Intersections fascinate me. Grafting, in the traditional sense, is a process used to join two distinct plants, often trees, to make them more productive. In Graft natural tree limbs are grafted to milled lumber, wooden tools, furniture, and human hair. These works—gangly, elegant, contrived, fragile, and at times self destructive—are reflections on our peculiar relationship with the natural world. In one sense, as evolution has shown, humans and their productions are clearly as much a part of the natural world as any other life form. Our skyscrapers are as much a part of nature as the honeycomb of the bee and, in fact, replicate some analogous structural principles. Noted conceptual artist and systems thinker, Hans Haake famously said, “The difference between ‘nature’ and technology is only that the latter is man made.” Yet, there are reasons to believe we are somehow different from the rest of the natural world. We’ve invoked both science and religion to explain the apparent division. We position ourselves above nature by declaring that we are its stewards. We position ourselves below by elevating the rest of nature to a romantic ideal. We look for natural cures and natural foods. We seek Natural Light beer and Nature Valley granola bars. And, even if we erase the ideas that purportedly separate us from the natural world, the most powerful factor distinguishing us as a species remains: our disproportionate impact on the environment.
This series of works is influenced by the matapalo trees of Central and South America. After birds deposit the seeds, the matapalo, or strangler fig, starts its life as an epiphyte high in an established tree. Over time, the vine's roots reach the forest floor and gradually weave themselves around the trunk. Eventually they encircle the tree so thickly that the host tree dies leaving a tightly woven mass of vines that take the form of the tree.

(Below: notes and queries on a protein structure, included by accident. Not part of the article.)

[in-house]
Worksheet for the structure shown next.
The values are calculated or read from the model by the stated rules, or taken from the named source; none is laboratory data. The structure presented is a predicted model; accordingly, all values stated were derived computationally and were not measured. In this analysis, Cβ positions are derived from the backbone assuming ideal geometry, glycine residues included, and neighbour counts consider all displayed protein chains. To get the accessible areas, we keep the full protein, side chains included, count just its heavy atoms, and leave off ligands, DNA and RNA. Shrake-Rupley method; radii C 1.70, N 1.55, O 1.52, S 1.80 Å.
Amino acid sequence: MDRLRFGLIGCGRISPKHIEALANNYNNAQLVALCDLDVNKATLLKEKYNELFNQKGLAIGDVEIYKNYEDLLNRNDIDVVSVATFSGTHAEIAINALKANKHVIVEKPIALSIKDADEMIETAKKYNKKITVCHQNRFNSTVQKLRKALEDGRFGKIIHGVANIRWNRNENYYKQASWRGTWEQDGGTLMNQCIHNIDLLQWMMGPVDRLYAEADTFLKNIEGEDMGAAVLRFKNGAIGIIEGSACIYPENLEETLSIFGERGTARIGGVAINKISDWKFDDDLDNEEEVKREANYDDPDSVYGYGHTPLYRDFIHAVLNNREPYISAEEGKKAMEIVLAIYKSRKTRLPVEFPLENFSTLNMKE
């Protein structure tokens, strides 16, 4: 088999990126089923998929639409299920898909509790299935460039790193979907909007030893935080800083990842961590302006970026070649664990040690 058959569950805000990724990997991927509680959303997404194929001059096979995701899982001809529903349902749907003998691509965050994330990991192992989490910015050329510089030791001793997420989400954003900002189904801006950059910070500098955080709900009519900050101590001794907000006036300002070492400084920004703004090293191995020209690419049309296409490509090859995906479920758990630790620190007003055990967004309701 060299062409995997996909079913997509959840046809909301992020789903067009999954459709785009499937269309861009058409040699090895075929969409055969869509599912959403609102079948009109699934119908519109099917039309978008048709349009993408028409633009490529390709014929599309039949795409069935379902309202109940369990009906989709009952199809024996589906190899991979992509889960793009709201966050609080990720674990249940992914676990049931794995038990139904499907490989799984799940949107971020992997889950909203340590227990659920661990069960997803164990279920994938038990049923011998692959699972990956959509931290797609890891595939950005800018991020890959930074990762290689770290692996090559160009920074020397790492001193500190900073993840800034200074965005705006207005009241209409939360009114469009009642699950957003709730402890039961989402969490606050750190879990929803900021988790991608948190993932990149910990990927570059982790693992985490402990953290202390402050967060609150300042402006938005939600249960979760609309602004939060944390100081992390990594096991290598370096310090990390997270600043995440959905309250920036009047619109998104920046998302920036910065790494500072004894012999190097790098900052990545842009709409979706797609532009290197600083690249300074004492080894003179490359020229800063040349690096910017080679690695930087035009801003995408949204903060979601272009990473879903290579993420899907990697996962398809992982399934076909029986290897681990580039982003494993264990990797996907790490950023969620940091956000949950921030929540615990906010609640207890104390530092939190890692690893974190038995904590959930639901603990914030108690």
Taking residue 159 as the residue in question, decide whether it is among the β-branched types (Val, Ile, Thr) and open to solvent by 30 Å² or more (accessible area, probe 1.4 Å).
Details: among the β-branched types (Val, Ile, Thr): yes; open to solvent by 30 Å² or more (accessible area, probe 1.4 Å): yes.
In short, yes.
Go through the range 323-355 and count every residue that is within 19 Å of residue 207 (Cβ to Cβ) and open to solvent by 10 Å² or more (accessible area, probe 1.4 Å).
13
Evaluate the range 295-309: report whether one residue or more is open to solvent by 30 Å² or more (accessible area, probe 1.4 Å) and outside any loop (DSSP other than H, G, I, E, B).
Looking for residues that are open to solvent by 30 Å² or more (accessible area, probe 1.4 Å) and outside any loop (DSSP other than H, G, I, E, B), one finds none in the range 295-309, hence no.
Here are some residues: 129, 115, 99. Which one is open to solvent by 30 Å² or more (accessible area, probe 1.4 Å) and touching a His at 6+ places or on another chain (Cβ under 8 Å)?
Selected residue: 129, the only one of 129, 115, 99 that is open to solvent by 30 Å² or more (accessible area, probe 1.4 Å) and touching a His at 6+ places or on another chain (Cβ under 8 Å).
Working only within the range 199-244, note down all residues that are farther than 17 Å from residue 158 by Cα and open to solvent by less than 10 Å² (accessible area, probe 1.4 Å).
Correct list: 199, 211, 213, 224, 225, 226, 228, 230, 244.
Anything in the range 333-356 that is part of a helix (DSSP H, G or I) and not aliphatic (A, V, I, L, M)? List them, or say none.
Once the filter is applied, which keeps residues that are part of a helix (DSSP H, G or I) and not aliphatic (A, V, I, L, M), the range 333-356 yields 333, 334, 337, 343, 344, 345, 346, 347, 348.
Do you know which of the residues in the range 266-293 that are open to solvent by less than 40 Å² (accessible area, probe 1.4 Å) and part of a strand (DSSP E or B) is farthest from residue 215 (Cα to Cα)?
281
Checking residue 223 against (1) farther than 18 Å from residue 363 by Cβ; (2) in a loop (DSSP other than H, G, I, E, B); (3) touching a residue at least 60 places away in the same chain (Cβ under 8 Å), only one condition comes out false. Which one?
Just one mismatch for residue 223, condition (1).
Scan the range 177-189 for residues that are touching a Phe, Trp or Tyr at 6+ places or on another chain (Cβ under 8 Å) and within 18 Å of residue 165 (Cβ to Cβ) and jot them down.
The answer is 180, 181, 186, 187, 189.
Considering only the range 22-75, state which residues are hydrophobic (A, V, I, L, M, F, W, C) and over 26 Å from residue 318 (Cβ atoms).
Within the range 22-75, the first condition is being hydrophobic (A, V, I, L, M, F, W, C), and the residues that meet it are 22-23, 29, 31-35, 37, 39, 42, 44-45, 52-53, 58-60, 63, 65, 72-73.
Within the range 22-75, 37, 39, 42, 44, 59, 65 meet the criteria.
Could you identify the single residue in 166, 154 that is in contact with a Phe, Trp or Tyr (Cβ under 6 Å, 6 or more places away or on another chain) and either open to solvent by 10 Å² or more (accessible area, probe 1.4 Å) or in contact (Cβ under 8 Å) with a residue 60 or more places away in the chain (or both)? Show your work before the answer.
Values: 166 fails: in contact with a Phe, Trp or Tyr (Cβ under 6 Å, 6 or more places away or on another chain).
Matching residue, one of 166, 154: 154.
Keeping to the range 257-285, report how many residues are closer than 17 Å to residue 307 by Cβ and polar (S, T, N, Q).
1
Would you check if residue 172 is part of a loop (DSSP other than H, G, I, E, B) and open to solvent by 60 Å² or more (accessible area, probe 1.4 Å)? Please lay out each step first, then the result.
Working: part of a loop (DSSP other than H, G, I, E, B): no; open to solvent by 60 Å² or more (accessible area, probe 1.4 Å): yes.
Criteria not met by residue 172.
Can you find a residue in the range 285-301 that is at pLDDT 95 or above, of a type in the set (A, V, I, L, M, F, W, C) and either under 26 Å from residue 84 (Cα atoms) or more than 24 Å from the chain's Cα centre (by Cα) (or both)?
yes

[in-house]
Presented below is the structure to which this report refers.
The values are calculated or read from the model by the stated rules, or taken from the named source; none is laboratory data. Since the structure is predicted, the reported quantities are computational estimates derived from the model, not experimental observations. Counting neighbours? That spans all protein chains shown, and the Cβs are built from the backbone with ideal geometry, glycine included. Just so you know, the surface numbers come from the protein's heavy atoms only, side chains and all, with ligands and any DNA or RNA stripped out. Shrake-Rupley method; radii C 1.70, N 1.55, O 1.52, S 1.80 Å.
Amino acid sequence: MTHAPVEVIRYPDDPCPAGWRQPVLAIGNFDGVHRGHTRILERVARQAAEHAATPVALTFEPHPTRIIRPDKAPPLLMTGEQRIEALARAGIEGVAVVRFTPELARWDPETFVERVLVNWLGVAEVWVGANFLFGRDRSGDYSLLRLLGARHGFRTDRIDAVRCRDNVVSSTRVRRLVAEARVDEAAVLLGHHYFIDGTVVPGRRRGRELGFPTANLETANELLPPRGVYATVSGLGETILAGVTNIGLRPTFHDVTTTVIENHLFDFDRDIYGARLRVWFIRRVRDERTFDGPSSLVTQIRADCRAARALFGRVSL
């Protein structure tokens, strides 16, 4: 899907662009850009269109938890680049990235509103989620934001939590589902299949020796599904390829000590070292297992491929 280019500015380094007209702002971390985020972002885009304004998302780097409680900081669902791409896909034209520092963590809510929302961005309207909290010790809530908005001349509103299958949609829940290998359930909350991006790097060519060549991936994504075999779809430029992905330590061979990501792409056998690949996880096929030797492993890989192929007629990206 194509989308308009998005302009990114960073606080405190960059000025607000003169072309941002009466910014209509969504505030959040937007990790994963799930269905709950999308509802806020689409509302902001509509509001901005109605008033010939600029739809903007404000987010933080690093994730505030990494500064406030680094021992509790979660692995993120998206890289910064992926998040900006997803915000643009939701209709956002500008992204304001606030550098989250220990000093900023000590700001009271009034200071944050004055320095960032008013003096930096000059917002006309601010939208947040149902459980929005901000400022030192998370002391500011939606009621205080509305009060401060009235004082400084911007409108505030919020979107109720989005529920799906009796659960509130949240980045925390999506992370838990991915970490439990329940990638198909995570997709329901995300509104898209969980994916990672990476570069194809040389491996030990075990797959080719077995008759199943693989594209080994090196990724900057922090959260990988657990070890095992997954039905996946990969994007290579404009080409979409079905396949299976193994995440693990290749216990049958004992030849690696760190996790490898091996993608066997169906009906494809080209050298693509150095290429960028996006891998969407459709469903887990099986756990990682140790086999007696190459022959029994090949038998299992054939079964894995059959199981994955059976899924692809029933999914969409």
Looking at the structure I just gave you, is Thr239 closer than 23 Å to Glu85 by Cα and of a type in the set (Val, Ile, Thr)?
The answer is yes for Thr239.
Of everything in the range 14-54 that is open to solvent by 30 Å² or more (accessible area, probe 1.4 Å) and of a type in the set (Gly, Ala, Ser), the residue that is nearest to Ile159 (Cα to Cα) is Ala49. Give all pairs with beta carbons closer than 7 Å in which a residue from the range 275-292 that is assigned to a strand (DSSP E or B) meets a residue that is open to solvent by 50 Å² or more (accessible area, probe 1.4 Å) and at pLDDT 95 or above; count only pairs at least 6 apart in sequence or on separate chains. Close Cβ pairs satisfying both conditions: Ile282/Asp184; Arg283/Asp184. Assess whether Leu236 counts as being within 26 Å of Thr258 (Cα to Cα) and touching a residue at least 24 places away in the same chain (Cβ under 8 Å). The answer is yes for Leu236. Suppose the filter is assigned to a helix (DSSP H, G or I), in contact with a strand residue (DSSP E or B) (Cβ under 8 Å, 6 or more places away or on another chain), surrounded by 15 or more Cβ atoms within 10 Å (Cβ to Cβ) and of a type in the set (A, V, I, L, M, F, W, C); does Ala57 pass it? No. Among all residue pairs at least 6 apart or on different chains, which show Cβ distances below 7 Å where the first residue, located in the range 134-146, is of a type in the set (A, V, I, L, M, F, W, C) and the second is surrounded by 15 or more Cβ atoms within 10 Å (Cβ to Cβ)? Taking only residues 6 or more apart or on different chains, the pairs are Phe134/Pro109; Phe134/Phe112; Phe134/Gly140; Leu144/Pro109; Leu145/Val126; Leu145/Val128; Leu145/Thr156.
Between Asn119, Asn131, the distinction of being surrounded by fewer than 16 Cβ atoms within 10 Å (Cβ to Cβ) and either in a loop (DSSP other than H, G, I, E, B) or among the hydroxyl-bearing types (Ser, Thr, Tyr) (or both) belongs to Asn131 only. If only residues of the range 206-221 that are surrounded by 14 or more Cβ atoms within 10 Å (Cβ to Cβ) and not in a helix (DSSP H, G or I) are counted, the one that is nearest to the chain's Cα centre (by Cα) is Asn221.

The word eidolon has a range of meanings including mental image, phantom, ideal, and idol. In this series I use it to describe the imperfect nature of memory and its intersection with our desire to seek out meaningful patterns.
The starting point for the most recent images are photographs I took in Spain when I lived there in 2006. The photographs are composited, digitally painted, printed and then painted using acrylic paint and non-pigmented acrylic polymer. While the photograph captures a pattern of light suggesting a specific place in time, the areas of paint, conjure images like an inkblot.
The black and white images, in the sub-series titled Jewelry Store, began when I found pieces of an 8mm film on the basement floor of an out-of-business jewelry store I had rented to use as a studio. Many of the small images were dark, blurry and scratched. Decoding the images, from merely identifying figures to interpreting a narrative, was difficult. Gradually I realized it was a pornographic film from the 1950s.
The shadowy and blurry quality of the figures and the environment gives the images a dream-like quality. To expand on this aspect I floated the enlarged images on a combination of acrylic polymer and wax. The milky nature of the wax both defines and hides the figures. In addition, the wax carries references to simulacra, as in wax figures. It also has associations with with preservation.